Project description and brief.
In February 2020 we got a call from a client (that was representing an architectural practice) looking for a 3d rendering studio that could visualize a contest proposal of their own. Their project was the rehabilitation of a tramway station located in the old, abandoned industrial neighborhood of Timișoara. The repurposing of this space is supposed to create an experimental cultural & technological center where several creative studios and workshops would take place.
The purpose of our project was the entry into an architectural competition, and so we only had 3 days to deliver the visualizations. Still, the result of our architectural contest visualization collaboration was more than what other participants were able to bring to the table. If you want to read more about this contest you can follow this link to OAR, but keep in mind that the description is only in Romanian.
If you are interested in how our collaboration with the client worked, what files we sent them, and how each stage took place, have a look towards the end of this post.
The process behind the architectural contest visualization.
We usually model the scenes in Rhinoceros & 3ds Max, and then we render them in Corona for 3ds Max. In this case the client already had the 3D models, so as a start we only had to help them choose a camera angle.
If your project is particularly different in that we don’t already have a scene, then we need to create it from scratch. Sending us a couple of pictures similar to what you’re imagining, a sketch, or some writing over an image would be of much help. Don’t forget to tell us exactly what side of your design you wish to reveal.
1. Setting up the camera angles and proportions.
At this point, we’ve sent a couple of camera angle proposals for each scene, rendered in low resolution for a very fast result – and we recommended the one we believed is the best. The client agreed with us on this matter quickly, so no time was wasted at this stage.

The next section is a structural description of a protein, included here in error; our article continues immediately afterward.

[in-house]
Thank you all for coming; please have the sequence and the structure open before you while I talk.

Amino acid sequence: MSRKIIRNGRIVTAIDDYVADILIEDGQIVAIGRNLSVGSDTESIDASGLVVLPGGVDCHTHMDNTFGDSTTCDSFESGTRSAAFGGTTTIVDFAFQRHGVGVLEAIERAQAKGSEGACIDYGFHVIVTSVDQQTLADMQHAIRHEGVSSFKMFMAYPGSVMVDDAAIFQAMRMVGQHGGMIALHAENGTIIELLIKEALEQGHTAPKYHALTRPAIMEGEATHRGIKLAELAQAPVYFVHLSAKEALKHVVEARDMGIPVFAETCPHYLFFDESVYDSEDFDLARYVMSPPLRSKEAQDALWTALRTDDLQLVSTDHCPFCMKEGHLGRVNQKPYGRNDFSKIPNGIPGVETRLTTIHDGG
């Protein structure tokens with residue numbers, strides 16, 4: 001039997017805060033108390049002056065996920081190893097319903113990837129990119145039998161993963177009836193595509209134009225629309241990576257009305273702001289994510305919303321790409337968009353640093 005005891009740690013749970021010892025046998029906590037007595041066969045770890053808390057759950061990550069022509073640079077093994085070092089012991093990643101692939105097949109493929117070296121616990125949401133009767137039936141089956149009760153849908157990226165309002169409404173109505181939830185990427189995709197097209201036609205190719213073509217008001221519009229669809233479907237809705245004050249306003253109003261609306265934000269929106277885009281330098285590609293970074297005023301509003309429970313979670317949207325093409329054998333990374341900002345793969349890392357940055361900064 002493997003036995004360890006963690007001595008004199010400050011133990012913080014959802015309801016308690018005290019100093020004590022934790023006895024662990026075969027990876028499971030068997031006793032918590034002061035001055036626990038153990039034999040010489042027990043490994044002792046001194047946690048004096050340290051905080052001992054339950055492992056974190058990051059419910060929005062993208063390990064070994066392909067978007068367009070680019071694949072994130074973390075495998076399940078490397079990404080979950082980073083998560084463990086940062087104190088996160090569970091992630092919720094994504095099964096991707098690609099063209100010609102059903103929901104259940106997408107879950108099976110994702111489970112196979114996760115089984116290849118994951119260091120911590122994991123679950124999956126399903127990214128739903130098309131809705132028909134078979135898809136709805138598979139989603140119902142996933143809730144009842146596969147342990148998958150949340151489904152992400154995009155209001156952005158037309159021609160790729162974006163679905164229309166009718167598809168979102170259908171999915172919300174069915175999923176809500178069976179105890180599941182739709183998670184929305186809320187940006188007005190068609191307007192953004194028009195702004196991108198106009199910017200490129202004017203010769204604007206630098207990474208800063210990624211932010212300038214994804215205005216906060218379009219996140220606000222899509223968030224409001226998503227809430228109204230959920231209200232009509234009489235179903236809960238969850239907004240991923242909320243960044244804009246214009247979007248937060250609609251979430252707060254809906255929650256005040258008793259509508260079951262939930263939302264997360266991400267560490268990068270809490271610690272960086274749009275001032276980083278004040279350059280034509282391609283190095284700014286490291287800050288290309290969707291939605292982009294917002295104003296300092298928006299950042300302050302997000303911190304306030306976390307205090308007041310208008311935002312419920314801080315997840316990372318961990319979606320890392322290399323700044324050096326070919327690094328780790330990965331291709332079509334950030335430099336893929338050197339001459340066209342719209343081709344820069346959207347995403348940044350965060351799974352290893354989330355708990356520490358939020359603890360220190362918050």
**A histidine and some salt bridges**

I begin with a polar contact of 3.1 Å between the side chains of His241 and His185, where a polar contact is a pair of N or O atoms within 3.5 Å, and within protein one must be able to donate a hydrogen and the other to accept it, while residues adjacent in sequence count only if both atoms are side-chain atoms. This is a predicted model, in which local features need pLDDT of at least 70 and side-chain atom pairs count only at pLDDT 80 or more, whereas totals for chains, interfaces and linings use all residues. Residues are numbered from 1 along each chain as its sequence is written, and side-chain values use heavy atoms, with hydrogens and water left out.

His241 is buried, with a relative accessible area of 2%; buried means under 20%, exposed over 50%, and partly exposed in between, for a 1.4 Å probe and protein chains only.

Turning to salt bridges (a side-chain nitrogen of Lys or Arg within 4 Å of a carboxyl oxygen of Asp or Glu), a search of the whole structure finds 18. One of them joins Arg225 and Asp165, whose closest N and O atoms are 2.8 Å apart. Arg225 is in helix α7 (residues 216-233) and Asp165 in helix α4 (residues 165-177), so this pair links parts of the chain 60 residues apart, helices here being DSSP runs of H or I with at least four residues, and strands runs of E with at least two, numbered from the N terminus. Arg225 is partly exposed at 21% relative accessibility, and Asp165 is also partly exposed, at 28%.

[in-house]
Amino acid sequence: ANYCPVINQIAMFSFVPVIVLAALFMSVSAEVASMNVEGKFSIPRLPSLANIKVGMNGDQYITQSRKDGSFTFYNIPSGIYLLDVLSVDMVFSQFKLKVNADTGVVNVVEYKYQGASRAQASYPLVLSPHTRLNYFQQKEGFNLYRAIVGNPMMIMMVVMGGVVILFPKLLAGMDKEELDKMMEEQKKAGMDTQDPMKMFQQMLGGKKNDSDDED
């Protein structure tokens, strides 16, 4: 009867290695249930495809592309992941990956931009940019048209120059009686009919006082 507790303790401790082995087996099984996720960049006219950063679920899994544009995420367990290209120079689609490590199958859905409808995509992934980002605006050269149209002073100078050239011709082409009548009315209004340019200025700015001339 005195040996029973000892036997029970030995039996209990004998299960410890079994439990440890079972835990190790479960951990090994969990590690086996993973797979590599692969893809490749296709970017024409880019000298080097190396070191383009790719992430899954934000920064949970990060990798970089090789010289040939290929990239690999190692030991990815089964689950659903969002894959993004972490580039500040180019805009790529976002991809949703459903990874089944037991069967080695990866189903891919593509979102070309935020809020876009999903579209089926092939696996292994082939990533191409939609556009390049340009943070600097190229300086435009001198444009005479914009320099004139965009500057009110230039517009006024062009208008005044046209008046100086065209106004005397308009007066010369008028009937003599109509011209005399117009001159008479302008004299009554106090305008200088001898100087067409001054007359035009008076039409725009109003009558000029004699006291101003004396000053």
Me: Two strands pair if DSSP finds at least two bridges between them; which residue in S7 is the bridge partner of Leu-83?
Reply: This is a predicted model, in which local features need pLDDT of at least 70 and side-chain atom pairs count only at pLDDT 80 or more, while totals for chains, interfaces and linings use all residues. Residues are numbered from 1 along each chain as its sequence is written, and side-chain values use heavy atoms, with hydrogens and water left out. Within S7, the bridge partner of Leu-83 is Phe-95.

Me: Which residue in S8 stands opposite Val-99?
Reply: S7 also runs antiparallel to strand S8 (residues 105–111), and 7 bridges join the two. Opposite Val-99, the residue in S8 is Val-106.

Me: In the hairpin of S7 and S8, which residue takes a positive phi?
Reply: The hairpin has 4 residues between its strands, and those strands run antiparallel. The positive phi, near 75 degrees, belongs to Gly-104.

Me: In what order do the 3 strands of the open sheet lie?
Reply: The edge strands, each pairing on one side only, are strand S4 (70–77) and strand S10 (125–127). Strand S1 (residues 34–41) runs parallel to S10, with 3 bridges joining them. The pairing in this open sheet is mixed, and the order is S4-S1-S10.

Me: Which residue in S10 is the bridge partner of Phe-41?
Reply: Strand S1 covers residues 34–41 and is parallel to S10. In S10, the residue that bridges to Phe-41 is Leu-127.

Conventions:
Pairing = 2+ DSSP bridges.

2. Setting up the materials, lights, and shadows.
The same process went on at this stage, as we sent a couple of images for each scene, showing different types of lights and the shadows they leave. It would have gone in the same way with the material set up, but here the client knew exactly what they wanted, they showed us a sample for each material and we just went on creating something as close as it was humanly possible.
To keep the process clean and efficient, we required approval before moving forward on each of these steps: camera setup, materials, and then lights.
3. The visualization post-process phase.
This is an essential step. We like to do as much as we can in 3dsMax so we don’t have to edit a lot in Photoshop, but you still can’t skip this stage. Adding detail to the visualization, changing color tones, and pumping up the atmosphere and contrast is a must when you want to get the most out of an architectural image of your proposal. See below how the exterior render looked like before, and after the post-processing phase.